Crime

KCK police officer allegedly beat a man during an arrest. He's charged with a felony

Brandon Holloway, a KCKPD officer, was charged earlier this year with aggravated battery in an alleged beating of a man during an arrest.
Brandon Holloway, a KCKPD officer, was charged earlier this year with aggravated battery in an alleged beating of a man during an arrest.

A Kansas City, Kan., police officer was charged earlier this year with a felony in an alleged beating of a man during an arrest.

Sgt. Brandon Holloway was charged with aggravated battery. The charge is described in court documents as knowingly causing great bodily harm, disfigurement or death.

The incident occurred in late November. Charges were filed on Jan. 25 but were not announced.

During a press conference earlier this week announcing a charge against a different officer within the department, District Attorney Mark Dupree said it is his policy to hold press conferences when public servants are charged with crimes.

The policy was enacted after Holloway was charged, according to Jonathan Carter, a spokesman for the district attorney.

Several police witnesses were listed in court documents, as were civilian witnesses.

The alleged victim is identified as "RZ" in court documents.

Holloway and his attorney, Sean McCauley, filed a motion in March to grant Holloway statutory immunity for his "justified use of force."

RZ described the alleged beating while testifying in late April.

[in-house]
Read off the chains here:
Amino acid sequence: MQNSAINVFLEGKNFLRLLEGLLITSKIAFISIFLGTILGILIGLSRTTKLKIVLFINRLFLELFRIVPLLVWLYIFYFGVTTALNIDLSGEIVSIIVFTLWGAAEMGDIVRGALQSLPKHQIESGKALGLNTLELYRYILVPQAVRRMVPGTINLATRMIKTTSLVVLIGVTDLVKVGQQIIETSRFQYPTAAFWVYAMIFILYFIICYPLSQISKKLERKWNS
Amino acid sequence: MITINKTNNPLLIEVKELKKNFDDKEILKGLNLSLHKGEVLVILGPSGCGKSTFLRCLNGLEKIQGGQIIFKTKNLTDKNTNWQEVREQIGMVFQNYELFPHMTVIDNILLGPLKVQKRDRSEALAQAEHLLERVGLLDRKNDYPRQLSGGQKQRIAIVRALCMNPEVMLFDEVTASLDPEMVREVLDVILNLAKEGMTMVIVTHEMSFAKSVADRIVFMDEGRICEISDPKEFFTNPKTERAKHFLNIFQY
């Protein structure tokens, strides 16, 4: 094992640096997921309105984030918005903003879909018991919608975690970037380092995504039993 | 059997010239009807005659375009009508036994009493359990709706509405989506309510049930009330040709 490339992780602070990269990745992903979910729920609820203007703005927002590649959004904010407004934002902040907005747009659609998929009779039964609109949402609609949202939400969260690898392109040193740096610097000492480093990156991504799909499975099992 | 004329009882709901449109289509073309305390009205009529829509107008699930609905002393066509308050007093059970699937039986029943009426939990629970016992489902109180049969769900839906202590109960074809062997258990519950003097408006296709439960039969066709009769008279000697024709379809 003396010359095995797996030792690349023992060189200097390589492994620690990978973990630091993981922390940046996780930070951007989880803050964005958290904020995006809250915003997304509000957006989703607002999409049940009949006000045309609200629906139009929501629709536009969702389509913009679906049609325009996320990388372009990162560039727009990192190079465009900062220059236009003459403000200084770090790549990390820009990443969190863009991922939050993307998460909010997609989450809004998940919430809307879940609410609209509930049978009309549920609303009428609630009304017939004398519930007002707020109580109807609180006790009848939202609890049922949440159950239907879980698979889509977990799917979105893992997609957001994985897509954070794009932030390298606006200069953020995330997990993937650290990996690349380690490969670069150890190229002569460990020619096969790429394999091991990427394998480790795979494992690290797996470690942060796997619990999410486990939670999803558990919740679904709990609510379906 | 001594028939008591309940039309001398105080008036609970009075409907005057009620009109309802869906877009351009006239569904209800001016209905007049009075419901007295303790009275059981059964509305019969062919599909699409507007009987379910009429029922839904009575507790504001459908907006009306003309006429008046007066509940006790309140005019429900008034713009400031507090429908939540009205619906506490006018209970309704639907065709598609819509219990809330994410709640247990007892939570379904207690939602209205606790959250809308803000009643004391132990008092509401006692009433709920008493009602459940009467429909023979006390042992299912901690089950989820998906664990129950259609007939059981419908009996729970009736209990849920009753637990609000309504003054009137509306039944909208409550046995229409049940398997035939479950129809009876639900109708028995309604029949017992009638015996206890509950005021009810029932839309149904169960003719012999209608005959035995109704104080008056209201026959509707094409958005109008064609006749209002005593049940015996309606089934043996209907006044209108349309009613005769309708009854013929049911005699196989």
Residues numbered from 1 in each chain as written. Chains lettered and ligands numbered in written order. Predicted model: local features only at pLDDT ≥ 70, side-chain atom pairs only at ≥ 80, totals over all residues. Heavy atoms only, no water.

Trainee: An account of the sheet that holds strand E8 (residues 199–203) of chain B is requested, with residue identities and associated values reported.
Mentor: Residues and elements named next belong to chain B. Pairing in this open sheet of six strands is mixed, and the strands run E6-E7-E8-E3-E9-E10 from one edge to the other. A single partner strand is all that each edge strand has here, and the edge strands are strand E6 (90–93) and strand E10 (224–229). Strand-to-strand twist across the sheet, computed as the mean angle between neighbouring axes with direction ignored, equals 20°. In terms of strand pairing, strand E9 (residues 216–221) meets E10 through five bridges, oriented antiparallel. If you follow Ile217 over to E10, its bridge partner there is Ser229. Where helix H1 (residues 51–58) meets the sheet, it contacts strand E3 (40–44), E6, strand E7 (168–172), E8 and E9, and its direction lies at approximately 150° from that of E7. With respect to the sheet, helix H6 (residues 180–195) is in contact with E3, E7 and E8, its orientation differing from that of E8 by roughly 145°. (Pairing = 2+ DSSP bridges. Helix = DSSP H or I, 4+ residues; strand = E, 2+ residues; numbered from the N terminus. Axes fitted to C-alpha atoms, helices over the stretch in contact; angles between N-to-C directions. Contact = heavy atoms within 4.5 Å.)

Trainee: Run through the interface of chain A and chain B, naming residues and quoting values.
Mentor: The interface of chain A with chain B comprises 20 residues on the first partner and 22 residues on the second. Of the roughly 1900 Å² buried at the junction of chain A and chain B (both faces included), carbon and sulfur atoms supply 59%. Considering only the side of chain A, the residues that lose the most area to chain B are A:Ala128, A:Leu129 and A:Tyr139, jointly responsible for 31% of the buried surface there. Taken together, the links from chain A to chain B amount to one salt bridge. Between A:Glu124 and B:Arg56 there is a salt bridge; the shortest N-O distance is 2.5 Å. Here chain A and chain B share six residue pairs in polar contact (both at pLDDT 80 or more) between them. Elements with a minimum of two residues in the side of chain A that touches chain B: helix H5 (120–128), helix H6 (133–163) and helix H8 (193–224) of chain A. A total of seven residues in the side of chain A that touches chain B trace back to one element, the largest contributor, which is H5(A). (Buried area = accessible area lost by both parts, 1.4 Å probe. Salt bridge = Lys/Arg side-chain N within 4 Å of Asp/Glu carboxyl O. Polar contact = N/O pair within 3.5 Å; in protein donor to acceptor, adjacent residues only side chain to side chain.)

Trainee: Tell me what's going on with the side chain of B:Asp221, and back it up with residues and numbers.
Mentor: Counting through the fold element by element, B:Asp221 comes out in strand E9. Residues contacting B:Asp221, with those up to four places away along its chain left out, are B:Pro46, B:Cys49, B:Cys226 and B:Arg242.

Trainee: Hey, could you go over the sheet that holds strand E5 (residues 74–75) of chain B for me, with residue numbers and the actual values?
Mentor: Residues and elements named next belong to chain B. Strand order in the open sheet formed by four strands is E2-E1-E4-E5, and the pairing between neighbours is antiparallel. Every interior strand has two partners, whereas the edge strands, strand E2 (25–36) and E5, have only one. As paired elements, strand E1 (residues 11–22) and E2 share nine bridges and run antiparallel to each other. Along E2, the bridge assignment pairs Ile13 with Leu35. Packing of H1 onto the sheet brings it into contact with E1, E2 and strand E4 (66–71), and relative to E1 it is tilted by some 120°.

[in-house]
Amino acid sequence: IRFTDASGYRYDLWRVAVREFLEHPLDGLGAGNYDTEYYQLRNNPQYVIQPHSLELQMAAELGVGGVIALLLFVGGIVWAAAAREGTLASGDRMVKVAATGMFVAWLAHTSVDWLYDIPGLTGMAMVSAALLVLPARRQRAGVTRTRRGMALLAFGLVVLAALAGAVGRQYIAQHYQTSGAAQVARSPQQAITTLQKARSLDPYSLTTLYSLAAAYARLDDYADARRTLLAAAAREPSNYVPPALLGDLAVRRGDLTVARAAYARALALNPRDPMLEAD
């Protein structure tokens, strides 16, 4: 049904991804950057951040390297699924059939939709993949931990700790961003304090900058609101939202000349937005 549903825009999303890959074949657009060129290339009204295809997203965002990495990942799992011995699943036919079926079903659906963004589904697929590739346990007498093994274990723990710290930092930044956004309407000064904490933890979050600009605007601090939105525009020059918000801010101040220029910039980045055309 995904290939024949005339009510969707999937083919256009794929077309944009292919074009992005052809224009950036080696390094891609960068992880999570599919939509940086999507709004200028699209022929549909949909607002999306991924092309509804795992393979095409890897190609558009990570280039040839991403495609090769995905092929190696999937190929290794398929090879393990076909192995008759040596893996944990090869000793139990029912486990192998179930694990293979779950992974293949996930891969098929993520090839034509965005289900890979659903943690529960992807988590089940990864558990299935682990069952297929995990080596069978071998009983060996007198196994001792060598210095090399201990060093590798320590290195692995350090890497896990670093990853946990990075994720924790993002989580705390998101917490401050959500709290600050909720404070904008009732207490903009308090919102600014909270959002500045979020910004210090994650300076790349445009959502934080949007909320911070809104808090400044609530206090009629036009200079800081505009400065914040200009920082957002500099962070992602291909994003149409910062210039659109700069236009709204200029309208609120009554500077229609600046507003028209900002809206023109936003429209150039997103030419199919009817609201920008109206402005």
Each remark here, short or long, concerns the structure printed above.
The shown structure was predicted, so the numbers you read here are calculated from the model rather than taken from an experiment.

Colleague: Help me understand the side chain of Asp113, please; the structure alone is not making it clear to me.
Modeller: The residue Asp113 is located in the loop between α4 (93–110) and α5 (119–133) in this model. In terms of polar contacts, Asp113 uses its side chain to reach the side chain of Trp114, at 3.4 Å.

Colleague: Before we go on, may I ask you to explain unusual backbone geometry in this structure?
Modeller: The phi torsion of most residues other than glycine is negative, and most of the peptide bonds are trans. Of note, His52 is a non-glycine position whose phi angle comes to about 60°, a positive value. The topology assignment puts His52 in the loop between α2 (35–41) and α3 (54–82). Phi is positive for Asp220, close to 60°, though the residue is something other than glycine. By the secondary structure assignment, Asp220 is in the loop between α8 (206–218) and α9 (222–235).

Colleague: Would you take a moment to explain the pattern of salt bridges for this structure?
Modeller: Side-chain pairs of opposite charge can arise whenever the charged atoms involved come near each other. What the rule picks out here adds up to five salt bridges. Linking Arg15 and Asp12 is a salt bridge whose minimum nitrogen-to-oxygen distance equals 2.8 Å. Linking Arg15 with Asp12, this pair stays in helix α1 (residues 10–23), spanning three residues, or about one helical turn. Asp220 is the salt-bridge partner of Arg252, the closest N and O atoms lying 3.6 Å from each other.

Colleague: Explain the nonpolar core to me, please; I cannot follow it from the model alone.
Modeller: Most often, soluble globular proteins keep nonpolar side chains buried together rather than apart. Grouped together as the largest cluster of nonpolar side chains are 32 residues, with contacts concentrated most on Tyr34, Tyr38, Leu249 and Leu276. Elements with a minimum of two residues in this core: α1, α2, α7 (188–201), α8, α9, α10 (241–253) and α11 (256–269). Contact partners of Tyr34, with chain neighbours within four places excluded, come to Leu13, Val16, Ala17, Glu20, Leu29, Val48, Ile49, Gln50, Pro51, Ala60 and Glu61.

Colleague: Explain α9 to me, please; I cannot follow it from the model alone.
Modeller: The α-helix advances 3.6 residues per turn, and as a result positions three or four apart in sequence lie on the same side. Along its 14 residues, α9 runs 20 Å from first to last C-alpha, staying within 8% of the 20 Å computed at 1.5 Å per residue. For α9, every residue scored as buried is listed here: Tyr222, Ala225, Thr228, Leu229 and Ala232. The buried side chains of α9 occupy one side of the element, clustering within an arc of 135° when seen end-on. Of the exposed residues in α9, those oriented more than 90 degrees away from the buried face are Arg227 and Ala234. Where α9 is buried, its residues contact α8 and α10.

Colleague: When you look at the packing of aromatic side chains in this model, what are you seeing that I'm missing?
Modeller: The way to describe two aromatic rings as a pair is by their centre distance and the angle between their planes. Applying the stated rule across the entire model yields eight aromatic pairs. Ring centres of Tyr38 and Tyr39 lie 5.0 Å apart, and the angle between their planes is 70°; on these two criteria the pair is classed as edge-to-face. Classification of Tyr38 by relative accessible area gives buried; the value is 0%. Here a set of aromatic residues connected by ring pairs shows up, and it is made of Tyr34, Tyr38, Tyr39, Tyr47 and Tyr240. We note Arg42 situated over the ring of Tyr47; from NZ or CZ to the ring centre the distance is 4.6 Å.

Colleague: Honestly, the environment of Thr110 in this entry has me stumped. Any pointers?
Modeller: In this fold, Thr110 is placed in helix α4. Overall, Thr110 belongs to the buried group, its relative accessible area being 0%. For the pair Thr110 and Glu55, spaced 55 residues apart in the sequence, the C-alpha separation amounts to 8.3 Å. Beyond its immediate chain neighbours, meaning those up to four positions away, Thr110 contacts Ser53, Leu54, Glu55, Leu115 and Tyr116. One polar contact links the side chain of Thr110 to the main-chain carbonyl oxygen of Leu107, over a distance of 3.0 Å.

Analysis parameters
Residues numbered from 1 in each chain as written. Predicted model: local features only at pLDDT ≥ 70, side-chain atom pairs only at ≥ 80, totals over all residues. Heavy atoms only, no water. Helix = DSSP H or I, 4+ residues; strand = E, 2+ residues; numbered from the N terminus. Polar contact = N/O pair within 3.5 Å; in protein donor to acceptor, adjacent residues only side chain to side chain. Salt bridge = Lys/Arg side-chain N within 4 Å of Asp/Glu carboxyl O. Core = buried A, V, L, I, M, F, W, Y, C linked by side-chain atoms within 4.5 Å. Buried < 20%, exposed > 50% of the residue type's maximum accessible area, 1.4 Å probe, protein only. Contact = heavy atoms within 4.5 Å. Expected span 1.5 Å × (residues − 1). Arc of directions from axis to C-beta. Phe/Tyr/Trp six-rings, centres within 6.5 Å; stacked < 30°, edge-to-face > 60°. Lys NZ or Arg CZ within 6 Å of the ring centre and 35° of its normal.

Holloway allegedly used his "firearm/flashlight" to beat RZ, according to a complaint filed by the Wyandotte County District Attorney's Office.

A motion filed in late April by Holloway sought to strike RZ's testimony describing the incident because RZ asserted his Fifth Amendment rights when asked by McCauley on cross-examination about his actions leading up to the alleged beating.

McCauley argued RZ had not allowed the defense to properly assess his credibility and the possibility for the presence of bias.

The Kansas Supreme Court, in a previous case, ruled the use of the Fifth Amendment is permissible on cross-examination if it does not create "a substantial danger of prejudice by depriving (the defendant) of the ability to test the truth of the witness' direct testimony."

In the motion, McCauley also alleges RZ was involved in a gun battle and hid from police before the alleged beating.

When reached by phone late Wednesday, McCauley said he could not comment, citing the pending nature of the case.

Holloway has served as a member of the department's SWAT team, according to a 2014 story by the Wyandotte Daily.

Patrick McCallop, a spokesman for the Police Department, could not immediately verify whether Holloway remained employed by the department.

Another KCK police officer is also facing criminal charges. District Attorney Mark Dupree announced earlier this week that Steven Rios had been charged with sexual battery after allegedly touching his co-worker while on duty.

Kansas City, Kan., Police Chief Terry Zeigler told Fox4 News that the recent charges were a testament to the department's integrity in investigating all complaints, even against its own officers.

Holloway has not been arrested because the District Attorney's Office declined to issue a warrant, choosing instead to issue a summons for Holloway to appear in court. Holloway has appeared for each of his two court hearings to date.

A summons is issued in Kansas when a defendant is not considered a flight risk.

Holloway's next court date is May 18, when a judge will decide whether the case proceeds to trial.

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